LinkedIn Lawsuit: Mining Email Contact Lists
Privacy Alert: LinkedIn is facing a lawsuit for using its users’ external contacts lists to send recruitment messages to potential new users. If you have a LinkedIn account, this could be happening to you.
LinkedIn Contact List Mining
When you sign up for a LinkedIn account, you must connect the account to an external email address. When you do so, you also give the company consent to access that email’s contacts list. This is how LinkedIn creates its People you may know function – people you may know are simply LinkedIn users who have registered accounts using an email address that also appears on your contacts list.
We collect information when you sync non-LinkedIn content – like your email address book, mobile device contacts, or calendar – with your account. We use this information to improve your experience and allow you and your network to be better connected. You can remove your address book and any other synced information whenever you’d like.
The issue at hand, and the reason LinkedIn is facing a lawsuit is that they are also using their users’ external email accounts to send LinkedIn marketing emails to contacts who are not LinkedIn members.
To be clear, as much of the media surrounding this issue is not, LinkedIn is not hacking their users’ external email accounts – they are simply accessing information they have been given consent to access and using pre-existing members’ identities as LinkedIn endorsements.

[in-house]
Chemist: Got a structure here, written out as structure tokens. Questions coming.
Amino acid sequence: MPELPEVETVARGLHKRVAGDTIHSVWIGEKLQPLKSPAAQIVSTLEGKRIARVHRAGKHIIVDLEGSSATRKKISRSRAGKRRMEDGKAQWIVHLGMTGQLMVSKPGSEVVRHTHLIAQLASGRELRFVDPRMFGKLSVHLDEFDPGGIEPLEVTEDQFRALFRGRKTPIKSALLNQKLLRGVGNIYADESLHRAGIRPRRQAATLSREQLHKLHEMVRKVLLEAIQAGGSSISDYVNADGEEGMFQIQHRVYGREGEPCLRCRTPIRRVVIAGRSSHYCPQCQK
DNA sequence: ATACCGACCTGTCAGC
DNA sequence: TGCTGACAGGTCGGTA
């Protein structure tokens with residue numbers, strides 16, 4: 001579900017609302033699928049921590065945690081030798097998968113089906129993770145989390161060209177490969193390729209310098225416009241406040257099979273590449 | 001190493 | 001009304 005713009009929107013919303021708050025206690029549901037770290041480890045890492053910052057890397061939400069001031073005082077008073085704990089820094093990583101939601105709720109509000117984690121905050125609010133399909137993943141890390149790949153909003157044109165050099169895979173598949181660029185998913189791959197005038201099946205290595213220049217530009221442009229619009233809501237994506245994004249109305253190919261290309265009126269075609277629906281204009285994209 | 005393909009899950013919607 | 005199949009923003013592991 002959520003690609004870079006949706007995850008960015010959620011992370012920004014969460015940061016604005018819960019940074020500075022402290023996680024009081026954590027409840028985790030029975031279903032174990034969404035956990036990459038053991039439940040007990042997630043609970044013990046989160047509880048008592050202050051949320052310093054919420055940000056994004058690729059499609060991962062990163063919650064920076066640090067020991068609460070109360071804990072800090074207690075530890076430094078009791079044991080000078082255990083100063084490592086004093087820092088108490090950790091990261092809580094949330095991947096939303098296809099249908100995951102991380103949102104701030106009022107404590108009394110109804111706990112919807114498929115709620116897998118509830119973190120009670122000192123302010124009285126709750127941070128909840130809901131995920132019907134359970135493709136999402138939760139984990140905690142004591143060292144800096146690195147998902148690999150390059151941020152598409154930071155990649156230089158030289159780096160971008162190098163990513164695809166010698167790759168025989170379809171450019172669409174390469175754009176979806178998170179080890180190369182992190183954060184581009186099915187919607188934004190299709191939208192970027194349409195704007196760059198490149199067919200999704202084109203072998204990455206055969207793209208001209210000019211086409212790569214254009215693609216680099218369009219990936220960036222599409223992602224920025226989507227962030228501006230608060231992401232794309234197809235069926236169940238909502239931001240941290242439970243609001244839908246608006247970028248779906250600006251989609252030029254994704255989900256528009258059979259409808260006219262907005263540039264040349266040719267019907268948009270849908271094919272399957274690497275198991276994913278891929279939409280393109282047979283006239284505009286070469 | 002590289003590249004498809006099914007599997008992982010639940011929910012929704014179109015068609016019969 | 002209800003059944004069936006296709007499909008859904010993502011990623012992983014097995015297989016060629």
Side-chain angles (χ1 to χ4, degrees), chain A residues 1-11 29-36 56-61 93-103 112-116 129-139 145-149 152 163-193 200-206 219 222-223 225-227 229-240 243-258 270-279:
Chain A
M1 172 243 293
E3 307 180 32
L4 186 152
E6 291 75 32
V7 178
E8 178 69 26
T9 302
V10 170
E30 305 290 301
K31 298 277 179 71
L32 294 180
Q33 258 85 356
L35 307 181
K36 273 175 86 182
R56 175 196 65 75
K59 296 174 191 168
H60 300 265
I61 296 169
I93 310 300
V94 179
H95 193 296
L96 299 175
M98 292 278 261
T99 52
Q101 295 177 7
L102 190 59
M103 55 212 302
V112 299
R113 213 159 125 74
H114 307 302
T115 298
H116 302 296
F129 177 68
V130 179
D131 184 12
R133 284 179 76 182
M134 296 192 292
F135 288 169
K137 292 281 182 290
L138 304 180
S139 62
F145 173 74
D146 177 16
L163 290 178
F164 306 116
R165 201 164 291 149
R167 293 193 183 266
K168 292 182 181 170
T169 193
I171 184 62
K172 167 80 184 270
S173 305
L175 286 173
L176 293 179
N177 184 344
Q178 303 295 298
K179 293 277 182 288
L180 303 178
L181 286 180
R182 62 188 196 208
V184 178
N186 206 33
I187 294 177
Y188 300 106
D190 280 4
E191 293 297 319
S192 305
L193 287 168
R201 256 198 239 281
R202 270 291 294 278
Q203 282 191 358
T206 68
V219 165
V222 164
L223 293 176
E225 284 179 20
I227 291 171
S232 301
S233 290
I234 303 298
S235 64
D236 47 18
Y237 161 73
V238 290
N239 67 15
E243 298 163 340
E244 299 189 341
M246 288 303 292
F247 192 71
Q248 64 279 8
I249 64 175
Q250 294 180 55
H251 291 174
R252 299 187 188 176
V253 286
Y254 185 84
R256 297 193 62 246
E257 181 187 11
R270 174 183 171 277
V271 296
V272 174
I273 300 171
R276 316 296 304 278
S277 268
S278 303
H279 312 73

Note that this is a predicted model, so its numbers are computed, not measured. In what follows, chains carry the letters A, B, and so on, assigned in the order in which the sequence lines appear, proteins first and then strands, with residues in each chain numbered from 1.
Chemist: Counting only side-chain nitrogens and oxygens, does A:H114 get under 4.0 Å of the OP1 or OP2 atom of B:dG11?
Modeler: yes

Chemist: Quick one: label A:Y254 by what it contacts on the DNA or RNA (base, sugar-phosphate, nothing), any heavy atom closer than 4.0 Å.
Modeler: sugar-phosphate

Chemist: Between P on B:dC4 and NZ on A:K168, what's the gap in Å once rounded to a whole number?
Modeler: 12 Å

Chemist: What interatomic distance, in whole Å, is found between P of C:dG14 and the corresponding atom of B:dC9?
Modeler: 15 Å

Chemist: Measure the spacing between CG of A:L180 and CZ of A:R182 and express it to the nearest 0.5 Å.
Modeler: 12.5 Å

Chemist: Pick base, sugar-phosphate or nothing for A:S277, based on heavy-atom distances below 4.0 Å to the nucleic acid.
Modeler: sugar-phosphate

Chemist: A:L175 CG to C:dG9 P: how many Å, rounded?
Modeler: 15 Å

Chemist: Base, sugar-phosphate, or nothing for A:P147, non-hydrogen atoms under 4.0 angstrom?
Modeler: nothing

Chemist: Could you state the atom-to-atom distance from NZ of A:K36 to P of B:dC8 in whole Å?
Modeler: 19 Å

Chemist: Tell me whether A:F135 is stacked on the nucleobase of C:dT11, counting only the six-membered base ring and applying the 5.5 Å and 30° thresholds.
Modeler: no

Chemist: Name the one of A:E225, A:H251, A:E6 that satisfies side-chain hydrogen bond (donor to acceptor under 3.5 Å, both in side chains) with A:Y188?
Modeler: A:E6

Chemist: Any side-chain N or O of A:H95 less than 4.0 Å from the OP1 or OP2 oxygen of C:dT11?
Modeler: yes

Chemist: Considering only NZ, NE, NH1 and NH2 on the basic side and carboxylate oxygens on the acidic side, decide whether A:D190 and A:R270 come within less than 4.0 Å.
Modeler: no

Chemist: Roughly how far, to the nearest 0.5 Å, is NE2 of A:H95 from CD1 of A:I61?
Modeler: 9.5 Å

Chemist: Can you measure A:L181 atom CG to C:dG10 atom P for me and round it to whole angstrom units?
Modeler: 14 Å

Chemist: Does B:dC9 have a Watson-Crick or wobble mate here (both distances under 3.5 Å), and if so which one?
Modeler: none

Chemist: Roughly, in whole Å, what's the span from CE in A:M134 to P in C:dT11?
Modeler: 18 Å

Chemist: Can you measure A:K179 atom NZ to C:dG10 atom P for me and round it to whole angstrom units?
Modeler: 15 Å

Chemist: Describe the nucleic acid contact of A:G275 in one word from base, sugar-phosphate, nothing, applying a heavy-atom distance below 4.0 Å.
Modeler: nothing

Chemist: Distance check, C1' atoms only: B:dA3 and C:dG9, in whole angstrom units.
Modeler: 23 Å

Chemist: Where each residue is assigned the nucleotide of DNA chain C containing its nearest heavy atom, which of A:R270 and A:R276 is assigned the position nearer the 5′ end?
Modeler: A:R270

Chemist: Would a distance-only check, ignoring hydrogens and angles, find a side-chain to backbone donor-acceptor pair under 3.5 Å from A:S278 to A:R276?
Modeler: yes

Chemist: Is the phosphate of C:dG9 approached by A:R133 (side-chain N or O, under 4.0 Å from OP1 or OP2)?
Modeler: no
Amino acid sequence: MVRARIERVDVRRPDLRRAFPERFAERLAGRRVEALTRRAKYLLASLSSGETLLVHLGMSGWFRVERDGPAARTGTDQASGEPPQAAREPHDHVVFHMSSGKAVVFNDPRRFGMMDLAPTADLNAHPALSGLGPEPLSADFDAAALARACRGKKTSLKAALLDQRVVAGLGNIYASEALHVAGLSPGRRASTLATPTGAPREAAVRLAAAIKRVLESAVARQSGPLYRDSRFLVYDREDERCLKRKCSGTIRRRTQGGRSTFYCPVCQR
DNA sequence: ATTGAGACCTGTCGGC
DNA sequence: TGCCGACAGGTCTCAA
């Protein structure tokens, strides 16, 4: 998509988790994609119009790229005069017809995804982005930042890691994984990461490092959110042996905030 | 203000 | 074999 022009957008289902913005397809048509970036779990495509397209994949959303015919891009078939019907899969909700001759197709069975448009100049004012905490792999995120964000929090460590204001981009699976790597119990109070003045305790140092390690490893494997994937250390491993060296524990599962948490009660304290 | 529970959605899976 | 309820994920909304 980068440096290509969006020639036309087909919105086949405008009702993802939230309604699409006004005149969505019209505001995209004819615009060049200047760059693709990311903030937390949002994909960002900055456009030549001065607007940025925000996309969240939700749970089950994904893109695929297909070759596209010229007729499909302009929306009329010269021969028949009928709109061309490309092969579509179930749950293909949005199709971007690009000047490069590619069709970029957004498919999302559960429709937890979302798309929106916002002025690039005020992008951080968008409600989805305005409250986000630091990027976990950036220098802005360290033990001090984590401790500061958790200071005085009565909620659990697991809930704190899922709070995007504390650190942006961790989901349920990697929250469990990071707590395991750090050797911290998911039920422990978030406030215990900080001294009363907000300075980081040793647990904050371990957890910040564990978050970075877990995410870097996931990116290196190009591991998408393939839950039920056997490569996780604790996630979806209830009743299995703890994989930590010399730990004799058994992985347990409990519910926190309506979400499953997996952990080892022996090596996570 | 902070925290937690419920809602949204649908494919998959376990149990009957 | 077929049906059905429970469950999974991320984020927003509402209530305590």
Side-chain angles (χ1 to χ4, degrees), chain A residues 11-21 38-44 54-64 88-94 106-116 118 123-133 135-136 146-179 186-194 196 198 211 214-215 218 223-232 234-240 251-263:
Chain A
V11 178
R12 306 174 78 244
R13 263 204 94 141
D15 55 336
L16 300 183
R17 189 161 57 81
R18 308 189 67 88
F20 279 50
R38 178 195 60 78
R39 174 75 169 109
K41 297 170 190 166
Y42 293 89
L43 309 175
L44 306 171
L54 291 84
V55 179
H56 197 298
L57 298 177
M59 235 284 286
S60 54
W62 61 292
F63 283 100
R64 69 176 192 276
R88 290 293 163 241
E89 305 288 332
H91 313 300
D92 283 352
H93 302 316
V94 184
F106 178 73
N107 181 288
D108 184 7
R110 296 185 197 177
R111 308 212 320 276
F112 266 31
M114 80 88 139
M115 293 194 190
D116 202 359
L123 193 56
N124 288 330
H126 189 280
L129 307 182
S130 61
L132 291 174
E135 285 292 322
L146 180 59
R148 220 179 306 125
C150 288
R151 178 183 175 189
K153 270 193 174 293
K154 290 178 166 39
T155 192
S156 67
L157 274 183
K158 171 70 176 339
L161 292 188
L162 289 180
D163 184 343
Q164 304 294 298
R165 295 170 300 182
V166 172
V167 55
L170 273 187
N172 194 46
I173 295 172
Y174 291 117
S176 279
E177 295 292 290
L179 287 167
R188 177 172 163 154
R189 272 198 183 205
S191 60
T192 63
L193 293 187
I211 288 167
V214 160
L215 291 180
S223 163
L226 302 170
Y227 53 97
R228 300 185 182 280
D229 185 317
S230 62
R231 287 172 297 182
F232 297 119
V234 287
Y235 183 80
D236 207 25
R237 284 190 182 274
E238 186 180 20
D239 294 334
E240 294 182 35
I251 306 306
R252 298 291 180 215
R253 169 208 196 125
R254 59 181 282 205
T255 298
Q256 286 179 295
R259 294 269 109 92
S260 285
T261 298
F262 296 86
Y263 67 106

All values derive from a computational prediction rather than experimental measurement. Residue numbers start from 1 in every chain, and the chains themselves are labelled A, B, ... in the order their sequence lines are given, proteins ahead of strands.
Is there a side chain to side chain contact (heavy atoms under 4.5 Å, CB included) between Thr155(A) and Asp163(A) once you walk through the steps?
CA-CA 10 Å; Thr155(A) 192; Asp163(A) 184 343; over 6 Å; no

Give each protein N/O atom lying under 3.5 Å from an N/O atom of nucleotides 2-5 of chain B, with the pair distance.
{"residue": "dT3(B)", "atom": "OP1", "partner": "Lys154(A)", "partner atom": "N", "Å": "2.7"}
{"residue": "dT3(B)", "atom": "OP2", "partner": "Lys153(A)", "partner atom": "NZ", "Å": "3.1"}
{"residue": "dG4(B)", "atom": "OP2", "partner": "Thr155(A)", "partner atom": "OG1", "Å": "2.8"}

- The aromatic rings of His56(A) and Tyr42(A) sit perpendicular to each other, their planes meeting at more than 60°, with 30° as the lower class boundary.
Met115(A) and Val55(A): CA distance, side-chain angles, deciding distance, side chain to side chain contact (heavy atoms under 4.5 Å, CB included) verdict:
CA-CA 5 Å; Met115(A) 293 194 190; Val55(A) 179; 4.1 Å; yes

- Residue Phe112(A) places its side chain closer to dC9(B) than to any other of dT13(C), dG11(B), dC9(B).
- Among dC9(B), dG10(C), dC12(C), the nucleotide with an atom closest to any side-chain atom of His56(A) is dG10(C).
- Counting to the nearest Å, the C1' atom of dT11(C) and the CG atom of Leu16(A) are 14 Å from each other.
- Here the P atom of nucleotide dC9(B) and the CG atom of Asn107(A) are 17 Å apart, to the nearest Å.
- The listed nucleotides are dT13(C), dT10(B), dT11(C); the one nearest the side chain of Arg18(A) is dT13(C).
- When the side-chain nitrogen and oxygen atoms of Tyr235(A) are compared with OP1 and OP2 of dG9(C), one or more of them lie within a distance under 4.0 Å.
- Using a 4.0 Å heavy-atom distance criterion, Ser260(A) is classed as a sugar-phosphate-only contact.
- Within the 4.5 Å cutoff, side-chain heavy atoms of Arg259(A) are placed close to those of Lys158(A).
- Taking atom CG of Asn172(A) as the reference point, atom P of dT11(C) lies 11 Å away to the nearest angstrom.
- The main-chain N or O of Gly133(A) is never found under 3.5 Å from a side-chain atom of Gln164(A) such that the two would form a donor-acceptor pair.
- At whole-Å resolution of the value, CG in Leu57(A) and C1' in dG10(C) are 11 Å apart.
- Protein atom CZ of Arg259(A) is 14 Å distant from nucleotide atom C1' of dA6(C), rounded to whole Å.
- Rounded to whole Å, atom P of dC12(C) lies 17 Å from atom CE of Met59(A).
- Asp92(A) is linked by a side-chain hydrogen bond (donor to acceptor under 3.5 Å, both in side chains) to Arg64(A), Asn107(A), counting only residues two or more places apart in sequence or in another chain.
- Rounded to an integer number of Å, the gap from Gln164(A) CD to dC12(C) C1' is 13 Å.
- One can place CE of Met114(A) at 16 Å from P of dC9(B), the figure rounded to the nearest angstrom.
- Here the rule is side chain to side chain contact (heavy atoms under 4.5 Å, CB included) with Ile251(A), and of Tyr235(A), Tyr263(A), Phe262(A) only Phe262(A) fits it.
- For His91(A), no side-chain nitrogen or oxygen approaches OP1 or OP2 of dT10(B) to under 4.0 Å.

So, for example, if you are not a LinkedIn member but your friend Bob is and you are on Bob’s email’s contacts list, you might receive an email from LinkedIn saying something to the effect of “Join Bob on LinkedIn.”
The problem, and the reason this lawsuit is moving forward, is that LinkedIn is somewhat aggressive in their email marketing frequency. If a non-member receives a recruitment email and they do not respond, they will subsequently receive multiple recruitment reminders – all to the effect of “Look what you’re missing out on. You should Join Bob.”
According to U.S. District Judge Lucy H. Koh, these reminders may violate California’s right of publicity, “which protects against the appropriation of someone’s name or likeness, without their consent, for commercial purposes,” because “nothing in LinkedIn’s disclosures alerts users to the possibility that their contacts will receive not just one invitation, but three.”
Legitimate Concern or a Class Action Cash Cow?
Those pressing charges against LinkedIn want the company to stop what it is doing. They also want to be compensated for any profit LinkedIn may have earned through the use of their identities in LinkedIn endorsements. Of course, LinkedIn is innocent of all charges until proven guilty, and until that time the question remains:
Should a social network be allowed to extend its reach without its users’ explicit consent?
The answer has important implications that will undoubtedly affect the future of our Internet.
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